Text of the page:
Dreaming Crow

By on Sep 12, 2011 in Fiction

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Dreaming Crow graphic

I swoop down to the hood of the car, peering in at Emma. She sits curled in the passenger seat, legs tucked under. Her face is so grubby, I can see old tear tracks on her cheeks. It looks like she’s been wearing the same shirt for days, stains dribbled down the wrinkled fabric. She’s lost in thought, staring out the side window of the car, and she’s sucking her thumb, something I haven’t seen her do in more than two years. That bastard!

Pecking out my ex’s eyes begins to look mild. I want to rip him apart. I want to demolish him… but at least Emma’s alive and all in one piece. She doesn’t look happy, but she’s not hurt… at least not physically. Relief overwhelms my rage, and I feel like I’m weeping… only crows can’t cry.

“Come… now.” Brother Crow lands next to me. “Hurry.” There is an urgency to the words which startles me. I don’t want to leave Emma, but I must. I have to return so I can tell the police where she is. I have to let somebody know what I’ve seen.

Just before we take off, Emma notices us. Her sad, unfocused eyes shift, and she sees the two birds on the hood of the car. Her expression changes, and she leans forward with interest. She loves animals, all kinds.

I caper around, putting on a little show for her, waving my wings and tapping the windshield with my beak. Emma looks astonished. Then a smile curves across her lips. She reaches out and touches the glass. I tap it again, right where her finger is, and she laughs. It is so good to hear! With that sound lifting me, I take to the air, racing north.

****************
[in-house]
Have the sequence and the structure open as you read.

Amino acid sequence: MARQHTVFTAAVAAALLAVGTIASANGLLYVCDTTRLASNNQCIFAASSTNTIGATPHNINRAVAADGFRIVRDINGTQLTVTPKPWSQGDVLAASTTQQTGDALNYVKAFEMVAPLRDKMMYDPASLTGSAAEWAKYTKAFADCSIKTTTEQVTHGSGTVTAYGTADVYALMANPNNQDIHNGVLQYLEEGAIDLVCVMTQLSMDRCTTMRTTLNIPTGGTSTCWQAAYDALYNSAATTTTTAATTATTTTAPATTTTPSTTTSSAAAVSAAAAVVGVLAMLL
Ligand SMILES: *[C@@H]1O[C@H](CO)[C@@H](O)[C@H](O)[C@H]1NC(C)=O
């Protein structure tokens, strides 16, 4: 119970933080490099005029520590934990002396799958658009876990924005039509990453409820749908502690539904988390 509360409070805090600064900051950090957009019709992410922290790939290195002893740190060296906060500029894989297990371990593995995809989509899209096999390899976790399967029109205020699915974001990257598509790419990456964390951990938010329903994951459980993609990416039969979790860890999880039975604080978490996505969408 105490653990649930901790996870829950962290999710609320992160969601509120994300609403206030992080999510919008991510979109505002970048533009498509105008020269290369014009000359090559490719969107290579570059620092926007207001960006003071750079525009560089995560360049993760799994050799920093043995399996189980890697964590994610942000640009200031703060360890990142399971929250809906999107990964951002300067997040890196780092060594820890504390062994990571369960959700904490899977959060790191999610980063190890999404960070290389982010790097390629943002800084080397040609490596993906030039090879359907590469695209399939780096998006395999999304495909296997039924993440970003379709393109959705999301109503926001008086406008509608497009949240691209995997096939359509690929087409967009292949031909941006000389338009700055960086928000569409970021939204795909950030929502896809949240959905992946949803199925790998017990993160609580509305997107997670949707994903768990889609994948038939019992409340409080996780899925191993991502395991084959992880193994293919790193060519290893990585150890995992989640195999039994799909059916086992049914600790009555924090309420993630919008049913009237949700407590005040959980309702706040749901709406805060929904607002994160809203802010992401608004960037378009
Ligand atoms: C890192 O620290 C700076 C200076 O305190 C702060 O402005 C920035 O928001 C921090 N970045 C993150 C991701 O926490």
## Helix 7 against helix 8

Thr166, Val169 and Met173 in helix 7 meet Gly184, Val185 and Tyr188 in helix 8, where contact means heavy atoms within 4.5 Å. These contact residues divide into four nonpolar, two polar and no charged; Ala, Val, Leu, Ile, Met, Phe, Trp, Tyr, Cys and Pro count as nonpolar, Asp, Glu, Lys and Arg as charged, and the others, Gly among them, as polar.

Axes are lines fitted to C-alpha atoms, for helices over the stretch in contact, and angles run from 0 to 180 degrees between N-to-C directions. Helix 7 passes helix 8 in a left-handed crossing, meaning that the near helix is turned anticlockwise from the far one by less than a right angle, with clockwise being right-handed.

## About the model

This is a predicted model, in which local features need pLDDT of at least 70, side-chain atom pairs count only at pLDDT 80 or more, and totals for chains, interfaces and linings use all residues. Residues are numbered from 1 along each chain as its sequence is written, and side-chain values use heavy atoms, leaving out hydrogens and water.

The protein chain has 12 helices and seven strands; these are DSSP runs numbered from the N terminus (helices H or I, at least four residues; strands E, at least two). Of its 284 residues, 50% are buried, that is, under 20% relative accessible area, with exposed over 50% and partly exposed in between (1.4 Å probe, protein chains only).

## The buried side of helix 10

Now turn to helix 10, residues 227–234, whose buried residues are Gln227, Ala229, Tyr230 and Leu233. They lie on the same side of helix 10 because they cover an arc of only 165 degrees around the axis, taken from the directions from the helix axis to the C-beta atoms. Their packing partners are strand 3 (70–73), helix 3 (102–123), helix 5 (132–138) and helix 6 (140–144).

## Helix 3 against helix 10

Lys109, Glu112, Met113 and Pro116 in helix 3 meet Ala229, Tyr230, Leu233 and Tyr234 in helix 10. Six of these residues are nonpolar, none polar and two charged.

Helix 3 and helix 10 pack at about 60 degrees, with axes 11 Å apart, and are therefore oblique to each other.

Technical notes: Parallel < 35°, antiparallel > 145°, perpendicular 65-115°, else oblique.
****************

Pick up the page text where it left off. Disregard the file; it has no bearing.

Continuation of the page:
“Just check it out!” I insist, ignoring the officer’s skeptical expression. He practically rolls his eyes at me.

“Ms. Blanchard, we can’t do something like this on a hunch. We’ll have to contact the local Medford police, and they’ll need a reason. They have to justify a search warrant, and the other people at the motel will…”

“I don’t care about any of that.” I’m struggling to keep my tone reasonable. “If you won’t do something, then I’ll get in my car and go down there myself. But if they’re already gone before I get there…” I teeter on the edge of blasting him with some sort of curse… the wrath of a madwoman. Then I pull myself back in.

“Please!” I beg. “Just check it out. If I’m wrong you can call me an idiot, but if I’m right, this could all be over. Please. I know they’re there.”

The officer exhales slowly, staring at the floor, then looking up at me again. I know my eyes are red-rimmed and fierce. My hands are clutched in front of my chest as though I’m praying for mercy. He shrugs and shakes his head, as if to say, OK, crazy lady. I give up.

“I guess we’ll try it,” he offers. “I’ve heard of stranger things.”

“Thank you!” I find myself hugging him. He gives a short, surprised grunt and steps back.

“We can’t promise anything,” he reminds me, looking worried. “Don’t get your hopes up. This is a wild goose chase as far as I’m concerned.”